Toronto Instagram Accounts Refresh Local Street Style

Recently, a unassuming instagram post stopped my scrolling thumb in its tracks. The image was notably unmodified and unfiltered, and showed a young man standing in a sunny downtown Toronto shop, his hands in two peace signs. He wore a navy bucket hat, a white t-shirt coming out of an olive green zip-up hoodie, tan tactical cargo pants and Salomon hiking sneakers.

The photo was one of the first posted to a new account called @416_fits, a page dedicated to documenting Toronto’s street style.

In a cyber sea of ​​heavily filtered and meticulously composed images of designer-clad influencers, this lo-fi, decidedly unfiltered image of a stranger in a DIY outfit wasn’t just a relief — it reignited the spark of discovery lost in a social media environment where everyone dresses the same and everything is for sale. I have been a loyal follower ever since.

The fashion media promotes the idea that we live in the age of personal style. But the simultaneous rise of social media, fast fashion and e-commerce has killed off style subcultures once documented in fashion magazines like The Face and iD.

Even the early-to-mid-year era of street photography, defined by not-so-candid shots of stylish people at fashion week, focused primarily on those working in the industry.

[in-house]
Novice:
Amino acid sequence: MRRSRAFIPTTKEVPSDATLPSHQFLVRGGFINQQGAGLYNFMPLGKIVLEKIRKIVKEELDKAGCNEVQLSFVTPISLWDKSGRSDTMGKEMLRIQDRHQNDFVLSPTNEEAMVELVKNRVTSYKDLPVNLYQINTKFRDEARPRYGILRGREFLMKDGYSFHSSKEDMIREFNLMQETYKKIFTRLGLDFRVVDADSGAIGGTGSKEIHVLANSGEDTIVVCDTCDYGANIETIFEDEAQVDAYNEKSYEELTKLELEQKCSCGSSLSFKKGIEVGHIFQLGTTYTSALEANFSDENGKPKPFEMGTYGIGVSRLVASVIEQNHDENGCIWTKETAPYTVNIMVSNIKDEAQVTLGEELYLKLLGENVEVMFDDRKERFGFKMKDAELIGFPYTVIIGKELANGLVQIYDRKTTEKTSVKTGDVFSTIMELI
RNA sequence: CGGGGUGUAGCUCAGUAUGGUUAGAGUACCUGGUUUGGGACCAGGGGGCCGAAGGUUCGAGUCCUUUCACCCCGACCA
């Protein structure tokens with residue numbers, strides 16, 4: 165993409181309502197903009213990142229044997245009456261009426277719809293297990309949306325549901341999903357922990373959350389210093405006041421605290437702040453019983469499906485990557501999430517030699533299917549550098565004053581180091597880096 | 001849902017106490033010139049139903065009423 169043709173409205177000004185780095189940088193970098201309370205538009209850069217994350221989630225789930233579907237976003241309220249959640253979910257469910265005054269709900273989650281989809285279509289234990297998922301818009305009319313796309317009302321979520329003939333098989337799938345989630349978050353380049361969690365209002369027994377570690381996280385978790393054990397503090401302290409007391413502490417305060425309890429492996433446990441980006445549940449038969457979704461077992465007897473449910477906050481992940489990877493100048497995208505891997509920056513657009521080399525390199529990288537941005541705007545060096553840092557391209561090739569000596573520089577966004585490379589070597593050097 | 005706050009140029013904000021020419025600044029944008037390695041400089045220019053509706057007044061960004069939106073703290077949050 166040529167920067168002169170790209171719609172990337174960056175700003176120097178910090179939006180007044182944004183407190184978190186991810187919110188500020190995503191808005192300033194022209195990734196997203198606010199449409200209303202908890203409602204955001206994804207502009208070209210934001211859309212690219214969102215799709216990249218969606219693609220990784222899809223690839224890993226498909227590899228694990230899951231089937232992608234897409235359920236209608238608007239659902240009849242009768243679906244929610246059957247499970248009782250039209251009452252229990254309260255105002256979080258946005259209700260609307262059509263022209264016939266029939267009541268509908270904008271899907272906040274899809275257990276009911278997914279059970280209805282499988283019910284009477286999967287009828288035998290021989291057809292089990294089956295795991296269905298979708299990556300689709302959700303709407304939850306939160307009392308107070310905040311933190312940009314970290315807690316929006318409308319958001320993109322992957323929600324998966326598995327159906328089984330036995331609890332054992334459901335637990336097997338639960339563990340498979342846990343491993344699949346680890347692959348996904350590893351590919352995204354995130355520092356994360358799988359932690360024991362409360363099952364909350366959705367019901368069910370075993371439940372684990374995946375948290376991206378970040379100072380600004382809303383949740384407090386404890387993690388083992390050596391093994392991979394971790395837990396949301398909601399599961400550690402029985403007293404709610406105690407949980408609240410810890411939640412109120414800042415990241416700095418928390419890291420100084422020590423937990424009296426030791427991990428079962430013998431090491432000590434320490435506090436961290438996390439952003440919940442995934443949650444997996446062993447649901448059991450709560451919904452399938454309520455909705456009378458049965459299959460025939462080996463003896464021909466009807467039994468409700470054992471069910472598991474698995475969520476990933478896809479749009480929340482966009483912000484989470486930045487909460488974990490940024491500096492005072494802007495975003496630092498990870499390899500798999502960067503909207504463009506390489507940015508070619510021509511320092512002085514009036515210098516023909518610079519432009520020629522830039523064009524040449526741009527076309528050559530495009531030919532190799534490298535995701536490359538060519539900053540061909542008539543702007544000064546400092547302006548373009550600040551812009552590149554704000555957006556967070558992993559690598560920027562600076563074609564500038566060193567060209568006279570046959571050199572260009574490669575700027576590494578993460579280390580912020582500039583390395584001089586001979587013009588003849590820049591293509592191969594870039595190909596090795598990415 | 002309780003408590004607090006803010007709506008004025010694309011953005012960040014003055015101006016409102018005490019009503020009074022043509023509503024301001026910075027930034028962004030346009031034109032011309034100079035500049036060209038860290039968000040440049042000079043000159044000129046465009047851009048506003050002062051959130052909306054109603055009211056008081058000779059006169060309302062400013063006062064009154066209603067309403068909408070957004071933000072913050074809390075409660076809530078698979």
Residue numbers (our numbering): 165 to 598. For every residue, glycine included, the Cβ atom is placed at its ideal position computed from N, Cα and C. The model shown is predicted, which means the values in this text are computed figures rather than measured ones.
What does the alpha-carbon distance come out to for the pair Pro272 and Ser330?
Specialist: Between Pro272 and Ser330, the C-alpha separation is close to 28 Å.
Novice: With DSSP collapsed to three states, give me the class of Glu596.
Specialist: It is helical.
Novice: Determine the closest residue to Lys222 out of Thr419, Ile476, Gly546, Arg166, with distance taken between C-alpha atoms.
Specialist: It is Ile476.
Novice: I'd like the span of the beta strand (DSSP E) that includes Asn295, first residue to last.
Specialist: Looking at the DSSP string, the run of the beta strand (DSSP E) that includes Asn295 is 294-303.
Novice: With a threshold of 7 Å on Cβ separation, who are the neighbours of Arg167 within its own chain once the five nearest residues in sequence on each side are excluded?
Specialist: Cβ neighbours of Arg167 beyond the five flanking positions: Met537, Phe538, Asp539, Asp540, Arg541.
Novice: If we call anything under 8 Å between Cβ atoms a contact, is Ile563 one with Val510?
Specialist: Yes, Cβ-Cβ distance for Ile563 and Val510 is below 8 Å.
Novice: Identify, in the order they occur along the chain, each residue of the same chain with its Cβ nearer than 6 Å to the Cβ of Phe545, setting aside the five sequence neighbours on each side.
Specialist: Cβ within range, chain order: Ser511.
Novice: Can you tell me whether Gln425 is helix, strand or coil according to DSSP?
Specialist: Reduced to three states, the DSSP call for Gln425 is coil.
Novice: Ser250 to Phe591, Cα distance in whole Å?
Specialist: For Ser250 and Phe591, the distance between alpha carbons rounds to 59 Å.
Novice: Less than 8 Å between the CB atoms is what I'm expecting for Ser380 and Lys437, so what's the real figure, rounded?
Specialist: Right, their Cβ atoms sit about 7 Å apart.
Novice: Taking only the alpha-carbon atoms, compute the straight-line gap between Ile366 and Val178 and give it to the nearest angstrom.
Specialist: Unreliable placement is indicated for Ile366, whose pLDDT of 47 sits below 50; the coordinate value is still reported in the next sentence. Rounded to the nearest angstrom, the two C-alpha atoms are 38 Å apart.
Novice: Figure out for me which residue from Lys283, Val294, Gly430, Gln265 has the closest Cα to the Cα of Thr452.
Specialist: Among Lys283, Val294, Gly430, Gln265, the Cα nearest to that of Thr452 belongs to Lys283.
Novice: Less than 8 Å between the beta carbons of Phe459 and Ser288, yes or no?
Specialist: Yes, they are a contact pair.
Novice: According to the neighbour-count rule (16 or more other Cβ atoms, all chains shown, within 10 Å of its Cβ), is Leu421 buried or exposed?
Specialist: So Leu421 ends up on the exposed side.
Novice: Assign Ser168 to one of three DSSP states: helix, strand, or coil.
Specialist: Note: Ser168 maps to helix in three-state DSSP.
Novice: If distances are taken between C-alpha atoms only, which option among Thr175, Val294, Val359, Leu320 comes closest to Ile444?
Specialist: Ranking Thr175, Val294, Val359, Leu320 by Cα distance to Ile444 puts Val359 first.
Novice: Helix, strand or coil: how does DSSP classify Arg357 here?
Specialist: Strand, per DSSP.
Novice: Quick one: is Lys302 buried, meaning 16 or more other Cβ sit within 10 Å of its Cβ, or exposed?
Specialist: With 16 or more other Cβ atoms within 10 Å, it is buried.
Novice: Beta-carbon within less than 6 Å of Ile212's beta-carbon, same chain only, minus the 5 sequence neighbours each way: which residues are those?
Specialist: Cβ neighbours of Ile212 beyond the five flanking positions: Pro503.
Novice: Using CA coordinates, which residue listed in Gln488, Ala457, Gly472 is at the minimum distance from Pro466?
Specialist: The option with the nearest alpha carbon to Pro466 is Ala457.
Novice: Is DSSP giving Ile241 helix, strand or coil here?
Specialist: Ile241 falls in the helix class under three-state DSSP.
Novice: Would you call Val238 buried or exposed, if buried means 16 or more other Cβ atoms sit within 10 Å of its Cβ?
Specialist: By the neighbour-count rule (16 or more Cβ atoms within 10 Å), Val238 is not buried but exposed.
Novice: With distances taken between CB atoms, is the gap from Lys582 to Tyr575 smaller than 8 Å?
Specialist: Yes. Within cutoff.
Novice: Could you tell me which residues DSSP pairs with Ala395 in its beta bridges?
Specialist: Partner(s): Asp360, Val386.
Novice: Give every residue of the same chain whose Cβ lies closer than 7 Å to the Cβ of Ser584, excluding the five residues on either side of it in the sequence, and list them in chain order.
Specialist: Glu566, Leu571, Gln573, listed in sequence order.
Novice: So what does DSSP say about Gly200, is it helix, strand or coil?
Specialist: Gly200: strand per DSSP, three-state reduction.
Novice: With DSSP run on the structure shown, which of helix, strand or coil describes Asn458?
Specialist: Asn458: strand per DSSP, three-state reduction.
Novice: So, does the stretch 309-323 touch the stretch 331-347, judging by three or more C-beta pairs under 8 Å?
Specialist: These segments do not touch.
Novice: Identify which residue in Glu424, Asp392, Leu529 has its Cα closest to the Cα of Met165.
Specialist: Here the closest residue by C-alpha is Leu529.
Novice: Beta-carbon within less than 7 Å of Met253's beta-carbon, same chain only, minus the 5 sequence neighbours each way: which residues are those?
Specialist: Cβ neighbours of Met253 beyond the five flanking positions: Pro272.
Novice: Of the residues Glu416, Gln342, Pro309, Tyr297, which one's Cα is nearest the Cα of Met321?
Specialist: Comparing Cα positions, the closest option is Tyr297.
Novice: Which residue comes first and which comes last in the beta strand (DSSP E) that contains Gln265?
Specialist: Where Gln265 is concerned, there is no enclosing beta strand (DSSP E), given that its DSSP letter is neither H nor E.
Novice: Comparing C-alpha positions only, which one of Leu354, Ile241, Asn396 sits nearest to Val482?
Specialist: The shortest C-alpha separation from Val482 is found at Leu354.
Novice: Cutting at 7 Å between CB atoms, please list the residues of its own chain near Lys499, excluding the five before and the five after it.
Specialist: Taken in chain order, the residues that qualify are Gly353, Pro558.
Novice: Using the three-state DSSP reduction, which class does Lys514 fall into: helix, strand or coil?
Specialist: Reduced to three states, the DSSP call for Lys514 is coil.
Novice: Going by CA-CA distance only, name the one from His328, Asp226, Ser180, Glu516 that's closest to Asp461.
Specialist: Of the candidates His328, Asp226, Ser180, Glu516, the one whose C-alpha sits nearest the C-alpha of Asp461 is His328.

These cultural and technological shifts ushered in an era of algorithmic fashion and spawned aesthetic sameness. That’s why everyone looks like a mountaineer, skateboarder or guest at Paris Hilton’s 21st birthday party.

The hyperlocal @416_fits is the antidote to the glitzy fare of Instagram’s grid of curated, shoppable lifestyle content.

Here, you’ll find inner-city dwellers of all ages, genders, bodies, and backgrounds in quirky cuts — free from the grip of an algorithm and where brands are never labeled.

The goals of account holders are more akin to documentarians than designers. You’ll want to know where the person is going more than who made their jacket.

Attracting over 2,000 subscribers in five months, 17-year-old high schooler Aissatou Leye of @416_fits has established herself as one of the sharpest (and youngest) columnists of street style in the city.

A pic from @416_fits.  The hyperlocal account is the antidote to the glitzy fare of Instagram's grid of curated, shoppable lifestyle content.

Using only his iPhone and his trained eye, Leye will spot someone wearing an interesting outfit, compliment them, and take a few quick photos of them. Simply put, it captures real people wearing real clothes.

On the street, it’s “people who feel good about themselves” who catch her attention, she says. “I think a good outfit comes with the details, the cut (or) the understanding of the colors.”

Leye attributes his eye not to street style magazines or blogs, but to his parents, Senegalese immigrants who instilled in him the importance of personal style.

“Their number one lesson for me has always been to create longevity in your wardrobe and buy good quality staple pieces,” she said. This lesson clashes with today’s fast fashion epidemic, with buyers and sellers offering designs that are both shoddy and cheap.

But Leye tends to photograph his subjects in neighborhoods dotted with vintage shops and thrift stores. Kensington Market, Queen and Bathurst, Koreatown and its own neighborhood near Bloor and Lansdowne prove fertile ground for capturing an uninhibited style that rebels against traditional shopping habits.